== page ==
The Soviet empire crumbled and in 1991, the Warsaw Pact was dismantled. Pakistanbecame unstable to the point of being almost ungovernable. US became the only super power, completely in control of the ‘global village’. The Zia regime and its policies, both foreign and internal, were driven by two international events in the region. One was the Soviet presence in Afghanistanand the other was the USanimosity towards the Islamic Revolution. At least that is how Hamza saw it in his article of June 20th 1998 in the Economic and Political Weekly.

Since 1971,Pakistanarmy has only been deployed in any fighting on behalf of theUS, or internally inBaluchistan. In the eighties it fought a proxy war for theUSinAfghanistan. Today it is engaged in supporting theUSoccupyingAfghanistan. May be in the future it hopes to be part of the administration ofAfghanistanon behalf of theUS?

As for casualties, by now Pakistani troops have suffered more while deployed on behalf of theUSin the War on Terror than in fightingIndiasince its existence.Pakistanlost some 3,800 soldiers during the 1965 war withIndia, whereas in the west ofPakistanborderingAfghanistanin the current deployment alonePakistanhas lost a similar number of soldiers. In addition there are civilian casualties which run into tens of thousands.

The occupation ofAfghanistanwould not have been possible without the active support of the Pakistan Army.Pakistanforms the key irreplaceable supply line for the NATO troops inAfghanistanand military and air bases withinPakistanform an essential part of the logistical support for theUSforces in the region. Some of these bases are used to launch attacks withinPakistan’s own borders. All this would not be possible without the willing co-operation of the Pakistan Army. It is not sufficient thatPakistan’s Army is fighting theUS’s war; it is also the case thatPakistan’s people who are among the poorest in the world are financing that war. In the financial year 2010/2011Pakistan’s military budget amounted to some $5.17 billion dollars.Pakistanin the ten years since 9/11 has received $15 billion dollars in aid, this amount to around 1.5 billion dollar per year, less than 20% of the total military budget. In the same period all the warsPakistanhad been involved were US driven.Pakistanhas effectively contributed over 3 billion dollars to US’s military strategy in the region in one financial year alone. This amounts to the people ofPakistancontributing fifteen billion dollars to theUSsince 9/11.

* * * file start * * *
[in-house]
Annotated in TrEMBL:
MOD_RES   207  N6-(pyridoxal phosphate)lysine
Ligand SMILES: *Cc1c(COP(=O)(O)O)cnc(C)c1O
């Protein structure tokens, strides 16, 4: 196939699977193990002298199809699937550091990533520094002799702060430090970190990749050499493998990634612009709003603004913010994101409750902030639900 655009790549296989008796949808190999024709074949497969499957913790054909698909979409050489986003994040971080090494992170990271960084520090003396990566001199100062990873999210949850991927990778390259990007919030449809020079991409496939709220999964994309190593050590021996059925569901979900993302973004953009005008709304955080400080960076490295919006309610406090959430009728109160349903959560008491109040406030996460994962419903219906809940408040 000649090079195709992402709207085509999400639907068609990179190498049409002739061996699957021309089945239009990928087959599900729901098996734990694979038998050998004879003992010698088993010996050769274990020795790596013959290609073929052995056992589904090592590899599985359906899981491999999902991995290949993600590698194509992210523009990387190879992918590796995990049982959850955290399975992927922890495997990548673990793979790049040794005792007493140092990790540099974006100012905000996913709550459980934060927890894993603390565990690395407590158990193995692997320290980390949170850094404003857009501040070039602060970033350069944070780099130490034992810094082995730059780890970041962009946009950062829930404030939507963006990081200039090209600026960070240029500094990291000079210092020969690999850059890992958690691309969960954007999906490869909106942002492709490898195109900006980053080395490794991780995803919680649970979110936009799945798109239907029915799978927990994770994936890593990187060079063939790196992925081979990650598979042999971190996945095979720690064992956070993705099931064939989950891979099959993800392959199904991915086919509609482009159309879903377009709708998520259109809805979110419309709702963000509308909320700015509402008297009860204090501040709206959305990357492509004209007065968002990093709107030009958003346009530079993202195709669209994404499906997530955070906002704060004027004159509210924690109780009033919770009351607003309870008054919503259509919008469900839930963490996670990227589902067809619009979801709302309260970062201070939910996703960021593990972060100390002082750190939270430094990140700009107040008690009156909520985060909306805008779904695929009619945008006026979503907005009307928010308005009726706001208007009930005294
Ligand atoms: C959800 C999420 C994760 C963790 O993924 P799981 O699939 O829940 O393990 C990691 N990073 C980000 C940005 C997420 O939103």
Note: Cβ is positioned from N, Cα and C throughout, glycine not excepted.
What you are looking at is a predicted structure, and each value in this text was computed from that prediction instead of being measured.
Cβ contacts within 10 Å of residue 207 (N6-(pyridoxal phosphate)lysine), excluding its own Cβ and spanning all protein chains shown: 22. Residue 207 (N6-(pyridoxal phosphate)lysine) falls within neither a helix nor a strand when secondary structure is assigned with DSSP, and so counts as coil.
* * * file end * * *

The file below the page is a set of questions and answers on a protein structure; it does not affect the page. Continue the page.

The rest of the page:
Hamza Alavi argued that Pakistan-US relations in any particular period are decided by the interest of theUSalone and urged Pakistanis to consider their own interests.

I can imagine that Hamza today would be arguing thatPakistanmust de-link itself from the War on Terror and fromUSpolicy in the region and that this would be the key to resolving the challenges which the people ofPakistanface today.

Hamza was able to identify the real forces driving event behind the cloud of propaganda. Today as progressives and those on the left inPakistanattempt to brush aside those clouds and dissect reality, Hamza’s clarity of analysis is sorely missed.